The Intelli-M software platform supports direct video integration with a mix of VMS platforms, including (Observint Technology's) DIGIOP platform, Digital Sentry from Pelco, Vicon, American Dynamics , Milestone, and Exacq.
Interestingly, one of the distinguishing characteristics of the platform is also the least useful. While the small size of the controller makes the system stand out from other offerings, most of the time this device is hidden above a drop ceiling away from view. Take the example of the CCURE system below:
While the size of the Infinias controller makes it easy to hide, it also makes it potentially difficult to find and work with. The physical space the controller occupies is so small, it can easily be overlooked when troubleshooting in dark places and may cause technicians with less dexterity issues during wiring. The size of a 'canned' controller may be more substantial, but that substance also clearly establishes importance, even to the inexperienced maintenance person.
However, on the flip side, the platform supports a surprising array of functions not commonly available in non-enterprise platforms. For example, the basic platform supports elevator cab controls, a badge/report printer, "lockdown" and "mustering". For a system consisting of sub-$500 controllers and targeted toward the smaller markets, these are advanced and complex features.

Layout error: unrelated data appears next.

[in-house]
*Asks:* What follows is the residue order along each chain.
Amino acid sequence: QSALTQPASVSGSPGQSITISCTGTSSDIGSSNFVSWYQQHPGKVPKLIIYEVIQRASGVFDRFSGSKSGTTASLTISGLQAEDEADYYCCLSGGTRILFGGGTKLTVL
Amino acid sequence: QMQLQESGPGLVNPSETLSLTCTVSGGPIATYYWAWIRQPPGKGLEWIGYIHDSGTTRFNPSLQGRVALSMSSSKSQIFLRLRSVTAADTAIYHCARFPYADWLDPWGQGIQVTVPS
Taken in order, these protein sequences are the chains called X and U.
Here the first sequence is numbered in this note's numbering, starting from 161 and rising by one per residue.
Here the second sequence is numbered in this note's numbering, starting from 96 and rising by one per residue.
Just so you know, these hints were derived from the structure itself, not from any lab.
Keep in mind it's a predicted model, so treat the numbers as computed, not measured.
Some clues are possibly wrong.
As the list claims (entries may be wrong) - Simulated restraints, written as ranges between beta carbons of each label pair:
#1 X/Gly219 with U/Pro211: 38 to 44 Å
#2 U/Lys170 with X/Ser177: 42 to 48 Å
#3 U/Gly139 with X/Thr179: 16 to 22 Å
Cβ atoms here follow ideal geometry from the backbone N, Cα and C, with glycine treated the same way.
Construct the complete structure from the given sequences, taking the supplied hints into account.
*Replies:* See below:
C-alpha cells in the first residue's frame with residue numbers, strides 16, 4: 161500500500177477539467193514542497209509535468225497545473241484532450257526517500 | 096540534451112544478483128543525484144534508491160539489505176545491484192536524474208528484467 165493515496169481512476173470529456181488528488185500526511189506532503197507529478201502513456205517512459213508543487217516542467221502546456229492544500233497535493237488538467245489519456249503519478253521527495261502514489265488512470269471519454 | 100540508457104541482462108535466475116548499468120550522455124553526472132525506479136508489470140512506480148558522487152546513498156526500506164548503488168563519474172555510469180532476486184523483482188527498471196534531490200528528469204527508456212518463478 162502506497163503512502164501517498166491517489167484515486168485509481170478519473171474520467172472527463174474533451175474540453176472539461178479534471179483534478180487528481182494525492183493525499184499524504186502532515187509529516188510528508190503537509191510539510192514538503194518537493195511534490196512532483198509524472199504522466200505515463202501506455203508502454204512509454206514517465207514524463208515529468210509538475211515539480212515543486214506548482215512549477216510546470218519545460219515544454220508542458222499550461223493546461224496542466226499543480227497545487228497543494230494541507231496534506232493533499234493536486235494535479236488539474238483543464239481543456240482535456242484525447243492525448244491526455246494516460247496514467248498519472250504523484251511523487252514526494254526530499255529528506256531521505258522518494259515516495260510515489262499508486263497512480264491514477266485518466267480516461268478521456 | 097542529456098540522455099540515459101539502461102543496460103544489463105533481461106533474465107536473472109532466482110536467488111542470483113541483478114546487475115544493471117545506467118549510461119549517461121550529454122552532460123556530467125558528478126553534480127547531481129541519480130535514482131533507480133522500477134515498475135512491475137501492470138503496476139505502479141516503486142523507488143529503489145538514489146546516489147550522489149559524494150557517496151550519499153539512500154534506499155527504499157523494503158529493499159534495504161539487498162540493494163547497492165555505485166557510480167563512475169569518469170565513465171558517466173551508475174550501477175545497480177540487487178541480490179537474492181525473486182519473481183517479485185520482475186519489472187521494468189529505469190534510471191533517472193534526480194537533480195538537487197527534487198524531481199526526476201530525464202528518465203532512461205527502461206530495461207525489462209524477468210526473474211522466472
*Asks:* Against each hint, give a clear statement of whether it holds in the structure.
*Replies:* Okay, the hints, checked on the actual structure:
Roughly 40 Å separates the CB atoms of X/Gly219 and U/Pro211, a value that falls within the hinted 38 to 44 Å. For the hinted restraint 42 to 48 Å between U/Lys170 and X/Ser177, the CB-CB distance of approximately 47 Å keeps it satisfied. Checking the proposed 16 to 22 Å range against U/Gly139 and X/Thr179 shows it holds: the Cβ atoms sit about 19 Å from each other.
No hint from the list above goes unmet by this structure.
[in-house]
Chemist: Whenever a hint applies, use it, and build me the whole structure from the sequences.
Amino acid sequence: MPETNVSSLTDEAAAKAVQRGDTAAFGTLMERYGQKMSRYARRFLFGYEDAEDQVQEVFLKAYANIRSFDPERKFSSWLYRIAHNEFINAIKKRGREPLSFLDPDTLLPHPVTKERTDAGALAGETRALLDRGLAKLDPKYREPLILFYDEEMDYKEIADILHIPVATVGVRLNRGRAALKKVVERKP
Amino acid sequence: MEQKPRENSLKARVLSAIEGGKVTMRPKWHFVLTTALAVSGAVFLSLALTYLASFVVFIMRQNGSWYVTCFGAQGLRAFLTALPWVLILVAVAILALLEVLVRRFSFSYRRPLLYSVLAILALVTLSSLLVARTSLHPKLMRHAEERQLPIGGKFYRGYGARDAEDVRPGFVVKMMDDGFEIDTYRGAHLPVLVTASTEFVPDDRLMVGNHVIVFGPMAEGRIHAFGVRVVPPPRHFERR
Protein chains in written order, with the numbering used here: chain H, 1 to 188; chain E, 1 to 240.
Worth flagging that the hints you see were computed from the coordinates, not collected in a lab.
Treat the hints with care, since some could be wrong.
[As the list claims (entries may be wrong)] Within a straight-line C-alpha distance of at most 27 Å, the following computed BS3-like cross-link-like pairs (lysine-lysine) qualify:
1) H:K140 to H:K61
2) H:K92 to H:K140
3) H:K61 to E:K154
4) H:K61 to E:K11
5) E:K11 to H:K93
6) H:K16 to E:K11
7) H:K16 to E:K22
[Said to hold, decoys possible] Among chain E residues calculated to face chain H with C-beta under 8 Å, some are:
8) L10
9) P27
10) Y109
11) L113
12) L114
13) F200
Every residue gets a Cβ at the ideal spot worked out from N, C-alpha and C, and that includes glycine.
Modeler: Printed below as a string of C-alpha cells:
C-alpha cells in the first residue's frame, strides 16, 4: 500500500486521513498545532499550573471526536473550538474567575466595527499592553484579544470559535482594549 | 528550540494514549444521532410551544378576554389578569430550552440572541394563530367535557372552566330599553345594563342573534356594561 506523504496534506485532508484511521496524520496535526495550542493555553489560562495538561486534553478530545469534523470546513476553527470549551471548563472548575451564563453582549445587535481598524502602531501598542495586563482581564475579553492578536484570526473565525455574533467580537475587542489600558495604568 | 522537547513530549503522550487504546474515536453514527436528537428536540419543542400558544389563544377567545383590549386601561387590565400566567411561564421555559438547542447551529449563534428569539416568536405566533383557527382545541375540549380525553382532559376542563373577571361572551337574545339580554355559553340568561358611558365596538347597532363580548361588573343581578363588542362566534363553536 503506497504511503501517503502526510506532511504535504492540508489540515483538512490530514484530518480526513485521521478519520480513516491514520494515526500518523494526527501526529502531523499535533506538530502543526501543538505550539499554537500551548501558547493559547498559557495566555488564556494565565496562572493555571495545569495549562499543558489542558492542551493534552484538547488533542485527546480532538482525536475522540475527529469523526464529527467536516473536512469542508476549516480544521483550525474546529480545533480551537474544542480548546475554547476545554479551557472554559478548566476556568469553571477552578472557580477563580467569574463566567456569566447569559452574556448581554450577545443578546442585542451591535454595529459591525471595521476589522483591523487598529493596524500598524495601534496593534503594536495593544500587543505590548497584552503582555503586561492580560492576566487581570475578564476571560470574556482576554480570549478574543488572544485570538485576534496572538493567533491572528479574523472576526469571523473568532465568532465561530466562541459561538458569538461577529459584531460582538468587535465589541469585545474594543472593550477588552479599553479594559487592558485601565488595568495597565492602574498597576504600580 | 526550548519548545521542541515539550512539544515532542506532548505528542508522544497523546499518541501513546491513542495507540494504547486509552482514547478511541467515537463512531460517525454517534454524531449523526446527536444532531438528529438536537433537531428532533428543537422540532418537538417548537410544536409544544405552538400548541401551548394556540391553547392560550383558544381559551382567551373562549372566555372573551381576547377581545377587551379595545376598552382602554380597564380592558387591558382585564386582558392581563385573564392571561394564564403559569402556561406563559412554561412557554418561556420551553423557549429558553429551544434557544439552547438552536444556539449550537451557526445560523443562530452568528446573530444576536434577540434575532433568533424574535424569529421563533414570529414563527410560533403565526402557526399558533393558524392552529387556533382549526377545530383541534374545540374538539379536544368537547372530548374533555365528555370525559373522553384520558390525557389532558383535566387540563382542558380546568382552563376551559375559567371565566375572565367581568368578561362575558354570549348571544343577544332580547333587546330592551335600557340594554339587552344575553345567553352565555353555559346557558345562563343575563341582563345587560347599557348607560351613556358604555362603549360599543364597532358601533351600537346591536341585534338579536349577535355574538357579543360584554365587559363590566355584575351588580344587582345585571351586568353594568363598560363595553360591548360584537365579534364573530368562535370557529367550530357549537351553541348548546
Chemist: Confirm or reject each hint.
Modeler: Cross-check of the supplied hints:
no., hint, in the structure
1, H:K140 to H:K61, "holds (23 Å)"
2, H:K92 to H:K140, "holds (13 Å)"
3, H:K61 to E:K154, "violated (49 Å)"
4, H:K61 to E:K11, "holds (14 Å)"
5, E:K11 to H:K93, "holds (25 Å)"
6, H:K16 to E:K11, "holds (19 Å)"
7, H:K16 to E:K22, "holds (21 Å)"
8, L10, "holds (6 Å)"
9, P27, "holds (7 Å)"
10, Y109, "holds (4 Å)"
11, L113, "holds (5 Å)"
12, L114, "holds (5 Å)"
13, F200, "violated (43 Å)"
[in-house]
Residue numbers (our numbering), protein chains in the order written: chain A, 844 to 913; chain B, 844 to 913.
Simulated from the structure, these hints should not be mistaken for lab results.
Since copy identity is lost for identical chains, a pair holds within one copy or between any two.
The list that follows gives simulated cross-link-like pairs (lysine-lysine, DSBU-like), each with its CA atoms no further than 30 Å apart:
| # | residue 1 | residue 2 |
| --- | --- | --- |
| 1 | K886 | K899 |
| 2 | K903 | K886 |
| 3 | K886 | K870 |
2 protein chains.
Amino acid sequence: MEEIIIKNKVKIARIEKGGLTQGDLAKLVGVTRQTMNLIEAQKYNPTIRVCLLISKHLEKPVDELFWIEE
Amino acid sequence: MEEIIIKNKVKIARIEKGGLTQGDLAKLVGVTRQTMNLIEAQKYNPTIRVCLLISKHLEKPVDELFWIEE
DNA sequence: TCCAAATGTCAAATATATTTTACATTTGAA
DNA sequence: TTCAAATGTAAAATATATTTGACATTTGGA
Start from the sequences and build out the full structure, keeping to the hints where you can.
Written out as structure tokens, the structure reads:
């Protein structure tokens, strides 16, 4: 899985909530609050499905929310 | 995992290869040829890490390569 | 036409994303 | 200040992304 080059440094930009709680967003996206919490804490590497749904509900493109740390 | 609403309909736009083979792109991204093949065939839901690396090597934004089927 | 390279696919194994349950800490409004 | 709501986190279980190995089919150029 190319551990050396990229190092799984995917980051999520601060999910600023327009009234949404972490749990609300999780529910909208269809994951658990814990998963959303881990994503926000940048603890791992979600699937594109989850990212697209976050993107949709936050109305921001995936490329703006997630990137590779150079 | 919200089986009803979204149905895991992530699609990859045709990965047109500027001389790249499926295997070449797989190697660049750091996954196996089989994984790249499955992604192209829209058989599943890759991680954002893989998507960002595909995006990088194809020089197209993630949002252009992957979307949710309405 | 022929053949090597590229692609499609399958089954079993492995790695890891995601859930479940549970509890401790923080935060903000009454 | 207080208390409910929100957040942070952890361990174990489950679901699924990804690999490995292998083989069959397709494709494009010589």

Without testing we cannot vouch for stability or useability in large systems. However, system pricing and ease of deployment is ideal in small deployments, but web management facilitates multi-site deployments.
The Infinias system has a esteemed pedigree and offers a nice mix of flexibility and features at a low price point. So why hasn't the line appreciated more success? We suspect the answer lies somewhere between being born obscured behind a video giant's surveillance offerings, and the turbulent period of business uncertainty after being left to fend for itself.